Those ages have no memory—but they left
A Record in the desert-columns strown
On the waste sands, and statues fallen and cleft,
Heaped like a host in battle overthrown;
Vast ruins, where the mountain's ribs of stone
Were hewn into a city; streets that spread
In the dark earth, where never breath has blown

Of heaven's sweet air, nor foot of man dares tread
The long and perilous ways—the “ Cities of the Dead.

See tombs of monarchs to the clouds up-piledWho perished, but whose eternal tombs remainAnd the black precipice, abrupt and wild, Pierced by long toil and hollowed to a fane ;Huge piers and frowning forms of gods sustain The everlasting arches, dark and wide, Like the night heaven, when clouds are black with rain. But idly skill was tasked, and strength was plied All was the work of slaves, to swell a despot's pride.

But virtue cannot dwell with slaves nor reign
O'er those who cower to take a tyrant's yoke;
She left the down-trod nations in disdain,
And flew to Greece, when liberty awoke,
New born, amid those glorious vales, and broke
Sceptre and chain with her fair youthful hands :
As rocks are shivered in the thunder stroke.

And lo! in full-grown strength an empire stands
Of leagued and rival states, the wonder of the lands.

Oh, Greece! thy flourishing cities were a spoil
Unto each other; thy hard hand oppressed
And crushed the helpless; thou didst make thy soil
Drunk with the blood of those that loved thee best;
And thou didst drive, from thy unnatural breast,
Thy just and brave to die in distant climes;
Earth shuddered at thy deeds, and sighed for rest

From thine abominations; after times,
That yet shall read thy tale, will tremble at thy crimes.

Yet there was that within thee which has saved
Thy glory, and redeemed thy blotted name;
The story of thy better deeds, engraved
On fame's unmouldering pillar, puts to shame
Our chiller virtue; the high art to tame
The whirlwind of the passions was thine own;
And the pure ray, and from thy bosom came,

Far over many a land and age has shone,
And mingles with the light that beams from God's own throne.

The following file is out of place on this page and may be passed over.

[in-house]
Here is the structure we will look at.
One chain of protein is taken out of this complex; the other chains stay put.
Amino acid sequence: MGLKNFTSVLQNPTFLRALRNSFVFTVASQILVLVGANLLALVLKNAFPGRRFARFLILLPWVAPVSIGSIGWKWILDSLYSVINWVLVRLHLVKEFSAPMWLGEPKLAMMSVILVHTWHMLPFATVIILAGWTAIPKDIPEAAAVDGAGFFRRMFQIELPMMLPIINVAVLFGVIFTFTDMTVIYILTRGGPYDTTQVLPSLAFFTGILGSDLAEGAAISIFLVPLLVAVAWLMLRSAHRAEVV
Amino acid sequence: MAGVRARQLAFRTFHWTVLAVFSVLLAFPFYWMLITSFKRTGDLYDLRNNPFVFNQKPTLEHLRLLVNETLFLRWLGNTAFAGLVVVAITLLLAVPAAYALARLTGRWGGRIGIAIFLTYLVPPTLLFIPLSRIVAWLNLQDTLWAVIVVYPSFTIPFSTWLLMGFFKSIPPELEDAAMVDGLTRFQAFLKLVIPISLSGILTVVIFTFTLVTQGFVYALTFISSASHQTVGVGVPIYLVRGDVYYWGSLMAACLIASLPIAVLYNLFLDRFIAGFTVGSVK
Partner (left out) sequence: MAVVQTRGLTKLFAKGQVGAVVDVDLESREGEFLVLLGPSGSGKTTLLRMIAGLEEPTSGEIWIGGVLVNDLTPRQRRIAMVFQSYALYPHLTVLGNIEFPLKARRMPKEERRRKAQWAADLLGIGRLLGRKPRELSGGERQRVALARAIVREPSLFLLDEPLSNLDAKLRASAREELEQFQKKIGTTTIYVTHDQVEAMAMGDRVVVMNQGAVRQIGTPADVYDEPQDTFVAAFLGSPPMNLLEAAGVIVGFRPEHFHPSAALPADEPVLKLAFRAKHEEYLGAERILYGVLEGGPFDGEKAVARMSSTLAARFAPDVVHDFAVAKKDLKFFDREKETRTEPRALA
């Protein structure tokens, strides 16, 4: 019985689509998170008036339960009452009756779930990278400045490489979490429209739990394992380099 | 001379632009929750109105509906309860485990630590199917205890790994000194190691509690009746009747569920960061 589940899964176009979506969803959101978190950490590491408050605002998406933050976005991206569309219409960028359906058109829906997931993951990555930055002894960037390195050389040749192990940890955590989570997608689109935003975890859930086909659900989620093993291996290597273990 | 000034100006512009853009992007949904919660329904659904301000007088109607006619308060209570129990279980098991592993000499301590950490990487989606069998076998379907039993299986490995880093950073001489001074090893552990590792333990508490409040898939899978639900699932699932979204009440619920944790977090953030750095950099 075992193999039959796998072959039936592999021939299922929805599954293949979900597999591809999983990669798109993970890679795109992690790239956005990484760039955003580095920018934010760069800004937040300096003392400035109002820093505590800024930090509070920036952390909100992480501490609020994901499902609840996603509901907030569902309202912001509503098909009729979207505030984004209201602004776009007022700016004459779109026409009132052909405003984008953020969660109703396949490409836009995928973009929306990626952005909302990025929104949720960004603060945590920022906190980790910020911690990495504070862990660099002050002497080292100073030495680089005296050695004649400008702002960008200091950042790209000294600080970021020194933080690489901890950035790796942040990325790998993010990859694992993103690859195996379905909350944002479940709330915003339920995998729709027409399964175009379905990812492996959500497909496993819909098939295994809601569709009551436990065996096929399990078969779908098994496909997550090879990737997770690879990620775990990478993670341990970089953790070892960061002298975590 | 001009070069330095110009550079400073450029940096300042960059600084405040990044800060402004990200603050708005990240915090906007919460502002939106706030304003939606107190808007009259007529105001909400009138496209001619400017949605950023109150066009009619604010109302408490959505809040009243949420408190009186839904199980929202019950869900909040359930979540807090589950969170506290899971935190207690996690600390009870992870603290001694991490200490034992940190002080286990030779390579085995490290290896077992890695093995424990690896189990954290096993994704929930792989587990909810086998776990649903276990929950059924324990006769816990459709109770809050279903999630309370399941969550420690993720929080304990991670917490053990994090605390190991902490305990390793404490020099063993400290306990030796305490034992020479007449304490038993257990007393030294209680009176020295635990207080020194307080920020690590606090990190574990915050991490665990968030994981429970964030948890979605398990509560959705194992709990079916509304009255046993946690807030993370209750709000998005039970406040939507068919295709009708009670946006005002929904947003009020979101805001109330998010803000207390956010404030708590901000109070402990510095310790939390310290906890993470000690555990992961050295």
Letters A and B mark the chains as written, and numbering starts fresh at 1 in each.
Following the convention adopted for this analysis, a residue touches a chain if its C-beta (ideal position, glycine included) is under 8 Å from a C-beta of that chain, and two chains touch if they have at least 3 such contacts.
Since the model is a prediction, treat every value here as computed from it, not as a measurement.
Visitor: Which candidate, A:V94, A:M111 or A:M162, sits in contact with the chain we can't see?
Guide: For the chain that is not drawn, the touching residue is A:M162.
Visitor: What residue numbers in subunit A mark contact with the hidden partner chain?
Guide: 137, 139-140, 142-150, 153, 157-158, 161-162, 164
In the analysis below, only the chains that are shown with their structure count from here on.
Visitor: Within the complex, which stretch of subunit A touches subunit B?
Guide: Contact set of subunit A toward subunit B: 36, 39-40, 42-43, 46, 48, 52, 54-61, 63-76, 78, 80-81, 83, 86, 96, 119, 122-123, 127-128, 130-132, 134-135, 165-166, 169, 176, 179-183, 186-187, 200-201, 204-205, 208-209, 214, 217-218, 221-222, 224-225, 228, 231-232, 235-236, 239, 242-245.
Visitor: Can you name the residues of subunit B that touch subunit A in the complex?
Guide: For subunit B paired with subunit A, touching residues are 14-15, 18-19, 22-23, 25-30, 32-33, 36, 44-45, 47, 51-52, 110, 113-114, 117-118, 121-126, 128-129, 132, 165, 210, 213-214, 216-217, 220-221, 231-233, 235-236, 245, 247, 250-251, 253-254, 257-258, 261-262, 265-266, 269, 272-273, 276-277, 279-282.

And Rome–thy sterner, younger sister she
Who awed the world with her imperial frown-
Rome drew the spirit of her race from thee, -
The rival of thy shame and thy renown.
Yet her degenerate children sold the crown
Of earth's wide kingdoms to a line of slaves;
Guilt reigned, and woe with guilt, and plagues came down,

Till the north broke its flood-gates, and the waves Whelmed the degraded race, and weltered o'er their graves.

Vainly that ray of brightness from above,
That shone around the Galilean lake, -
The light of hope, the leading star of love,-
Struggled, the darkness of that day to break;
Even its own faithless guardians strove to slake,
In fogs of earth, the pure immortal flame;
And priestly hands for Jesus' blessed saké,

Were red with blood; and charity became,
In that stern war of forms, a mockery and a name.

They triumphed, and less bloody rites were kept
Within the quiet of the convent cell ;
The well-fed inmates pattered prayer, and slept
And sinned and liked their easy penance well,
Where pleasant was the spot for men to dwell,
Amid its fair broad lands the abbey lay,
Sheltering dark orgies that were shame to tell,

And cowled and barefoot beggars swarmed the way,
All in their convent weeds of black, and white, and gray.

Oh, sweetly the returning muses' strain,
Swelled over that famed stream, whose gentle tide
In their bright lap the Etrurian vales detain,
Sweet, as when winter storms have ceased to chide,
And all the new-leaved woods, resounding wide,
Sent out wild hymns upon the scented air.
Lo! to the smiling Arno's classic side

The emulous nations of the west repair,
And kindle their quenched urns, and drink fresh spirit there.